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Literary censorship challenged in school library

Inspirational book to remain in North Attleborough

Mandile Mpofu
Literary censorship challenged in school library
Poet and lead author of Woke, Mahogany L. Browne PHOTO: JENNIE BERGQVIST

Olivia Gatwood knew the book she co-authored was controversial. She was aware that “Woke: A Young Poet’s Call to Justice,” a collection of poems for kids, had been challenged in Texas school libraries, but she had no idea of the recent dispute it had stirred in a Massachusetts town.

Last month, North Attleborough Schools Superintendent John Antonucci returned “Woke: A Young Poet’s Call to Justice” to an elementary school library after previously removing it.

In a statement, Antonucci said the book received a formal challenge. After meeting with a committee of parents, teachers and administrators, he decided that “the book was best approached by students in a facilitated or structured manner” after evaluating “the age-appropriateness of the book in a K-5 environment.”

PHOTO: COURTESY MACMILLAN PRESS

The book, written by Mahogany L. Brown and Elizabeth Acevedo along with Gatwood, features poems that touch on privilege, intersectional identity, gender, sexuality, race and climate change, topics Gatwood said “[threaten] the conservative educational goals.”

Although Antonucci claimed there was not a ban per se, he had removed the book from children’s reach, reassigning it to the teachers’ resource library. The move met with widespread community outrage, which led to the reversal. Antonucci apologized for his original decision, adding that it “missed the mark.”

Gatwood said that when a book “elicits such a strong negative reaction,” there are “two sides of the coin” for the author.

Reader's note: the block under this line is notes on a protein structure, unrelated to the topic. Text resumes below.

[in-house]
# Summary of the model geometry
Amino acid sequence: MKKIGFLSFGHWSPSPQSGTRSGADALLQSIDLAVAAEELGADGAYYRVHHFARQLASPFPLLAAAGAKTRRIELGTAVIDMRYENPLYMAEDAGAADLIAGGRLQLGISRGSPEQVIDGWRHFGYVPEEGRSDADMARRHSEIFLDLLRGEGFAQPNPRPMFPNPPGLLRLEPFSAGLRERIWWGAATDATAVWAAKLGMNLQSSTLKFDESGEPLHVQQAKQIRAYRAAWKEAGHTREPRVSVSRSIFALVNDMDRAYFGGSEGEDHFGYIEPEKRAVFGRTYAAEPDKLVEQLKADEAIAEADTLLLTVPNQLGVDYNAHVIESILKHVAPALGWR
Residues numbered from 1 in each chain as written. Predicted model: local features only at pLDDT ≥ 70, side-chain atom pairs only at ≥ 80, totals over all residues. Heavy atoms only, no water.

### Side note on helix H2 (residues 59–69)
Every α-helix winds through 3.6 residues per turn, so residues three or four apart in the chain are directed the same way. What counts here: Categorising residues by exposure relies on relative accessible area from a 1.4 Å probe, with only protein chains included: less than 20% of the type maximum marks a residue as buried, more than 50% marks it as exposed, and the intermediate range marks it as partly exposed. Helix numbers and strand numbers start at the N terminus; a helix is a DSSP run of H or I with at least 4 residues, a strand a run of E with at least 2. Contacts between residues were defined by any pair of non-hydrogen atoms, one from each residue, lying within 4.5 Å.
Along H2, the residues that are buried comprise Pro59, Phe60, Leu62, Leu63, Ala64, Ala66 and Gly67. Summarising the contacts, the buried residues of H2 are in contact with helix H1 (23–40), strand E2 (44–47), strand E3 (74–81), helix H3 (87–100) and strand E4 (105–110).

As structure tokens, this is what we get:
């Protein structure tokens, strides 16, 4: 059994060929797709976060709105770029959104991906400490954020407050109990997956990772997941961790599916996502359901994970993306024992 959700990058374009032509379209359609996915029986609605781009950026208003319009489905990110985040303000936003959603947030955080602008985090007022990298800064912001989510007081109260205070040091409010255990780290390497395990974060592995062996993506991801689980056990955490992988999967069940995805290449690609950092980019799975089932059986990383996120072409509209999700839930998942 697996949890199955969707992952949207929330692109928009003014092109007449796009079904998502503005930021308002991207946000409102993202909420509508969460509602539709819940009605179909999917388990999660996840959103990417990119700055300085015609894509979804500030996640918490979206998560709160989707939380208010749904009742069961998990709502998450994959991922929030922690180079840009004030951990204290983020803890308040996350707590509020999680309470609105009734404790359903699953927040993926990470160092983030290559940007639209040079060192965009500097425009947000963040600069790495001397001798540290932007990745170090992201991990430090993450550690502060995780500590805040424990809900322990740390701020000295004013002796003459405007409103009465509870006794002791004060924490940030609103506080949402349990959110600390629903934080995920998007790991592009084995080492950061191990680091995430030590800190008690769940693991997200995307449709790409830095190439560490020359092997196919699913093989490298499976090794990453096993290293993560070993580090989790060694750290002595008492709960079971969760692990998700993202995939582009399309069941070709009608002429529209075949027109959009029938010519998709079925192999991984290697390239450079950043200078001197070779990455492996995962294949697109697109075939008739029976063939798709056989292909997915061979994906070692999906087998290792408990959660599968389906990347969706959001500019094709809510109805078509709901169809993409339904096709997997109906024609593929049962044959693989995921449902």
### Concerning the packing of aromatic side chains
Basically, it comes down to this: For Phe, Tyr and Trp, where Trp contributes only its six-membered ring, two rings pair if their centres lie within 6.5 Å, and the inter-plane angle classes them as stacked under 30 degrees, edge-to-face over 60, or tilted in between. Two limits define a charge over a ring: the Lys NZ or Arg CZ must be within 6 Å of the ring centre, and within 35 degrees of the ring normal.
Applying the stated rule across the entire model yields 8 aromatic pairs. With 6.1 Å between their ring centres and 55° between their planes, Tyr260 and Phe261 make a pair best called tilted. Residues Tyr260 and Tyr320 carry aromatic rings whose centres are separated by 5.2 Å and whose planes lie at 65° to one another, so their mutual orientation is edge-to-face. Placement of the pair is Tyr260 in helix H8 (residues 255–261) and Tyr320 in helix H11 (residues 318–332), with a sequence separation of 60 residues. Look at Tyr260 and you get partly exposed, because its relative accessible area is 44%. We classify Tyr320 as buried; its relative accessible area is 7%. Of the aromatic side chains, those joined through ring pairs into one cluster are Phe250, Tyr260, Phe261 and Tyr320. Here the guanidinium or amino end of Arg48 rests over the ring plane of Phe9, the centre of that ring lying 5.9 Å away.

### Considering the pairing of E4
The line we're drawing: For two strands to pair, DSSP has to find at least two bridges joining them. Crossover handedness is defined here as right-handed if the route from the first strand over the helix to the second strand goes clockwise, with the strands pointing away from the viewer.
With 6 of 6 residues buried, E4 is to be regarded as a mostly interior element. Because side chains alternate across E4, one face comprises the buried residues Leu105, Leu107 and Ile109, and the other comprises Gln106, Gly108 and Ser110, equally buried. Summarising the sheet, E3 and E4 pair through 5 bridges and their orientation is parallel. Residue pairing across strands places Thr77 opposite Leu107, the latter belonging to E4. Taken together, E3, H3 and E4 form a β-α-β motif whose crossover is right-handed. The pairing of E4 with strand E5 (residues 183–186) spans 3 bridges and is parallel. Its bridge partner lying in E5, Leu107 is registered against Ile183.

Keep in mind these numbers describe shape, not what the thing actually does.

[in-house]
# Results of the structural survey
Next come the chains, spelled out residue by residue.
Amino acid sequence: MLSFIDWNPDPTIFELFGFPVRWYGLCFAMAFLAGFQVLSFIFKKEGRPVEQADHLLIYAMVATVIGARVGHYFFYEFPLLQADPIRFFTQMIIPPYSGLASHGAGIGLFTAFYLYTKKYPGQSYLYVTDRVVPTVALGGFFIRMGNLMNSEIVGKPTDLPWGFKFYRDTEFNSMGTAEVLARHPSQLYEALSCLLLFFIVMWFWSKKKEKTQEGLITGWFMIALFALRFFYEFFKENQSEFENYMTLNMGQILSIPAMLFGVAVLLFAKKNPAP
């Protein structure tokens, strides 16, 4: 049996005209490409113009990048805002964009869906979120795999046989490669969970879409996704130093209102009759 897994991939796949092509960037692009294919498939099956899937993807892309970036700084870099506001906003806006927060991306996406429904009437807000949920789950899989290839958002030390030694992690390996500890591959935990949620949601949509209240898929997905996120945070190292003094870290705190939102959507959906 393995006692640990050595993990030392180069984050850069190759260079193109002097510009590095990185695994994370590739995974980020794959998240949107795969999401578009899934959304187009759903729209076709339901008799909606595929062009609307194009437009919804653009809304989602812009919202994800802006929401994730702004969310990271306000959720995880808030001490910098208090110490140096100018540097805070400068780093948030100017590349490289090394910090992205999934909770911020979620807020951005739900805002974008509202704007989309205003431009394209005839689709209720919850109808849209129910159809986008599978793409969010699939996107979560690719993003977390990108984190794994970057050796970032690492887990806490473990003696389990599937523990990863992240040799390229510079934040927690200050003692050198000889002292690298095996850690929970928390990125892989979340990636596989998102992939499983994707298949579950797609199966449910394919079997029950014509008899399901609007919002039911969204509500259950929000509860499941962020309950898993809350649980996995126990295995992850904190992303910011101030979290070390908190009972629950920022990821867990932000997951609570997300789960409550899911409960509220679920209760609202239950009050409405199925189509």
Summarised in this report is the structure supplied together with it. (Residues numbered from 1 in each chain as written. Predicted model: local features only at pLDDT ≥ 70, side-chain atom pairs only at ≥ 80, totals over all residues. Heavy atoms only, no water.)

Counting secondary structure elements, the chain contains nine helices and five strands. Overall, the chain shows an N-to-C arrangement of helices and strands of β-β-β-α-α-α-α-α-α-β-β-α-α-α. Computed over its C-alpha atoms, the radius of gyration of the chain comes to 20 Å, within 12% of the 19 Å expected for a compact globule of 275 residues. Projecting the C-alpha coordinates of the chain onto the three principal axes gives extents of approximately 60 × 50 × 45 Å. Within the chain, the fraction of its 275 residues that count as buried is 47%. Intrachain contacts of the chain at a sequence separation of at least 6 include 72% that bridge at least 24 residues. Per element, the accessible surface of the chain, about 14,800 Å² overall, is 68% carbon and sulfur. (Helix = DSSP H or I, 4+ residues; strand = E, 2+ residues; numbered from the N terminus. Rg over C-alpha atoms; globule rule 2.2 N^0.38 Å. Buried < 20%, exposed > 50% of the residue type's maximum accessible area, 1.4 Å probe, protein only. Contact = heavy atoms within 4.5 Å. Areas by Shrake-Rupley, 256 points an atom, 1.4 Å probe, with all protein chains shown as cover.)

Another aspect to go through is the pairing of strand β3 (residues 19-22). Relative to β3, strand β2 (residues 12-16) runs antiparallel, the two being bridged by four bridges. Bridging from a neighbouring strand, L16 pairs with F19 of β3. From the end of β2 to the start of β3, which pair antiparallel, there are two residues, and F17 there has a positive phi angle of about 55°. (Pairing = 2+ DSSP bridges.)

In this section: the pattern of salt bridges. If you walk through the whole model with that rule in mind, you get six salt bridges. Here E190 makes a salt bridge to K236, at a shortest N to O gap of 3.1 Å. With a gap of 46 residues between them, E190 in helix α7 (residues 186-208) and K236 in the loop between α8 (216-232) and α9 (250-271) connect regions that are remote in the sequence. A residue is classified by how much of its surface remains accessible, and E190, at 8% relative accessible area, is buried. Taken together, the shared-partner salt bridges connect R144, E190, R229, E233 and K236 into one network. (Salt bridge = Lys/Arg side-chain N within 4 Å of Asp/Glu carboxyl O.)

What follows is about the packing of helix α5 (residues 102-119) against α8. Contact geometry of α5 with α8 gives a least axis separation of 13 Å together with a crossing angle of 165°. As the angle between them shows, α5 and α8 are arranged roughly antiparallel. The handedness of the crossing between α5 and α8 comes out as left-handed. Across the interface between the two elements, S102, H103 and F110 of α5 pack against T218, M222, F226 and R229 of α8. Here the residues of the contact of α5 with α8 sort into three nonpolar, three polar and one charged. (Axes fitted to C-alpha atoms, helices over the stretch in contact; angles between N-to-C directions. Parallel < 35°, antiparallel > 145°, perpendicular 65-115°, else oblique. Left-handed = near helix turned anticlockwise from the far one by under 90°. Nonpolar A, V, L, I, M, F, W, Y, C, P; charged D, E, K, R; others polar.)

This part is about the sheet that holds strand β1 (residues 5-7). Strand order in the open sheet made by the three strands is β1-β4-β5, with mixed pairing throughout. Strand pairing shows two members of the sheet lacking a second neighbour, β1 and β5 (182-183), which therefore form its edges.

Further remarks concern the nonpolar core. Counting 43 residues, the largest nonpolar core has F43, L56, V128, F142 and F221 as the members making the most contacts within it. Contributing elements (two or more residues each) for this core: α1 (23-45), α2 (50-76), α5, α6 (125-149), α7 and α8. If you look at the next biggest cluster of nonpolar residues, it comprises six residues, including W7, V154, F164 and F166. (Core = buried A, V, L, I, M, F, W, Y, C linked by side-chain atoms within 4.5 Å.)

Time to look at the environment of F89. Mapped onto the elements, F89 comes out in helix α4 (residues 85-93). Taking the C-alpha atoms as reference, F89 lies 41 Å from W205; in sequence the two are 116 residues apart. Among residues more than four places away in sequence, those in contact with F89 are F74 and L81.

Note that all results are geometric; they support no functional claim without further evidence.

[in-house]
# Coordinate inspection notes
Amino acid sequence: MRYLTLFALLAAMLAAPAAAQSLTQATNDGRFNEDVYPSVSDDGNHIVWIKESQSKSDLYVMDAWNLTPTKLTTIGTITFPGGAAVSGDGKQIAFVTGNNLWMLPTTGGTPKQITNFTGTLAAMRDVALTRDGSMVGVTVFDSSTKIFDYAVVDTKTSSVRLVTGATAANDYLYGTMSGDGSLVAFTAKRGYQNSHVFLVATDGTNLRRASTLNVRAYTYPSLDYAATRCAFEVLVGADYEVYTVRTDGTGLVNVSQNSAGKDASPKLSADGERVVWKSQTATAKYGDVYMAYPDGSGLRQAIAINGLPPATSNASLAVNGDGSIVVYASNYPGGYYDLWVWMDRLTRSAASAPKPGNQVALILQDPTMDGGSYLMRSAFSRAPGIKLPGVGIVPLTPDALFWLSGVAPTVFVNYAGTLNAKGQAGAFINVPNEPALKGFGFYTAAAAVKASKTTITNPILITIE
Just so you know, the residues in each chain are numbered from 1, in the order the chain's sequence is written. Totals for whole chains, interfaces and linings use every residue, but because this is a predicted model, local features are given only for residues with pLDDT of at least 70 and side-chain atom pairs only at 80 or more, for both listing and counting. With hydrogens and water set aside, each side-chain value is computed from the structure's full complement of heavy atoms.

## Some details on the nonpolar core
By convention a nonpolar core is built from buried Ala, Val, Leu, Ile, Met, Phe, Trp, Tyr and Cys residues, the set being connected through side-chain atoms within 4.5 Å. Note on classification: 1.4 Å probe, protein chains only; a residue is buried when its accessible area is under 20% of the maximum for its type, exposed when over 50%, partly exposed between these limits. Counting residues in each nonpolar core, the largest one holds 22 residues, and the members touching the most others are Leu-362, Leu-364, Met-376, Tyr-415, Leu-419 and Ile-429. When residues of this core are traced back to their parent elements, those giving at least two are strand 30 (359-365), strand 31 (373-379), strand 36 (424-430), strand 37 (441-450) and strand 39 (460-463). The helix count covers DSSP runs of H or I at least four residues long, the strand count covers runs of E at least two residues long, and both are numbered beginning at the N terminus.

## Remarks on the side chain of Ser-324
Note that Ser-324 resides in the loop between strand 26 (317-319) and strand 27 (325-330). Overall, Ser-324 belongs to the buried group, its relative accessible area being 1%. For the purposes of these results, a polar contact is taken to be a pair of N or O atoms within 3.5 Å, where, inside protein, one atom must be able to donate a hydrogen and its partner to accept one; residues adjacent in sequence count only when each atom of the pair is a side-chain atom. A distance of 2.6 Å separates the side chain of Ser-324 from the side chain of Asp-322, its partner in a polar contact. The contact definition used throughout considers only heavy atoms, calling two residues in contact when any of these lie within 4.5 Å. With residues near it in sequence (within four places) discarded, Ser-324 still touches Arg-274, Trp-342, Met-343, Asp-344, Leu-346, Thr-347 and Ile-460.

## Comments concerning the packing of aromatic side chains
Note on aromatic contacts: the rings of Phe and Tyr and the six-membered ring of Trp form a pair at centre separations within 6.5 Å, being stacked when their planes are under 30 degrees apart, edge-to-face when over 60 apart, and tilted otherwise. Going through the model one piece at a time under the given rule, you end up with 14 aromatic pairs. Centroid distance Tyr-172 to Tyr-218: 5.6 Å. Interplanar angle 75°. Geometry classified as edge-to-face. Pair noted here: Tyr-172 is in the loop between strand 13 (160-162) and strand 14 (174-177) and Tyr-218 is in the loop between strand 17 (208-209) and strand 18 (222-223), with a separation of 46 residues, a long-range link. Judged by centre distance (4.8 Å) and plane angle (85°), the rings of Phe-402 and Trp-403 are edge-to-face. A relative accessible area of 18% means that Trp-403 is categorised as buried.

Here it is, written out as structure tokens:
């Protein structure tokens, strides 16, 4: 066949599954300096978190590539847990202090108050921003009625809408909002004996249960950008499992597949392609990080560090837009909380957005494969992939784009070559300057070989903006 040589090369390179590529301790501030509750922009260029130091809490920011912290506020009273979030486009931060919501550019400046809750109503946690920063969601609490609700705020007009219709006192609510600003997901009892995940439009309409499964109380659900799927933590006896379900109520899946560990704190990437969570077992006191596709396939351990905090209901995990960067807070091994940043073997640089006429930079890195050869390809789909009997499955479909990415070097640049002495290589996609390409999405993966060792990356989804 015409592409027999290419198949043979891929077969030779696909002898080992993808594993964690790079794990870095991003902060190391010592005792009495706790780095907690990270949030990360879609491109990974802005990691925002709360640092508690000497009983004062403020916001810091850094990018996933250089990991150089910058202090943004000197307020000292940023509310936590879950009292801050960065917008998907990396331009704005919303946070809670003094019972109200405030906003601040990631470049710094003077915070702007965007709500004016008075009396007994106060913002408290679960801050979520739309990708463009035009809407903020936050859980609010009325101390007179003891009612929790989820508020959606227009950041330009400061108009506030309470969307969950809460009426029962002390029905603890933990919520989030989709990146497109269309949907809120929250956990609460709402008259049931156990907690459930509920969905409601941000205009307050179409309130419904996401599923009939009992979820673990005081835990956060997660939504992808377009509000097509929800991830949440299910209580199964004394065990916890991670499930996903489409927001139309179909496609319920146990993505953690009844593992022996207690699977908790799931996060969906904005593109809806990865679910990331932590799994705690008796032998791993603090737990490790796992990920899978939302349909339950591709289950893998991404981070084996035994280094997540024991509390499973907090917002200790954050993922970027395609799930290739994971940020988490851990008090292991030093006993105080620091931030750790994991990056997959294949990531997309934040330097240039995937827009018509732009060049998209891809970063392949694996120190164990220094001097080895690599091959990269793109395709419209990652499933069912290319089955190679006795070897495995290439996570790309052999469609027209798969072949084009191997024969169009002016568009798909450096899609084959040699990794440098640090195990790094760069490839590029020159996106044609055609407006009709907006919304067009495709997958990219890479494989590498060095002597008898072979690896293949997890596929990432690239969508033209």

“One is that it sort of can be kind of thrilling because it means that you wrote something that moves people in a certain way. It means that your work…has the ability to make a difference,” she said. “But at the same time, [it] means that child is being denied the ability to read that book.”

“Woke: A Young Poet’s Call to Justice’” is just one of a host of works challenged or banned in school or public libraries in the last three years. Between Jan. 1 and Aug. 31, 2023, a record number of books were challenged across the U.S., most of them written by or about people of color or LGBTQIA+ people, according to preliminary data from the American Library Association via a report by its Office for Intellectual Freedom.

In Massachusetts, more than 50 books and graphic novels were challenged in 2023, some more than once, according to a list from the American Library Association obtained by the Banner. The list includes works such as “Gender Queer: A Memoir” and “Stamped (for Kids): Racism, Antiracism, and You.”

The American Civil Liberties Union of Massachusetts said it submitted a public records request after learning of the removal of “Woke: A Young Poet’s Call to Justice.”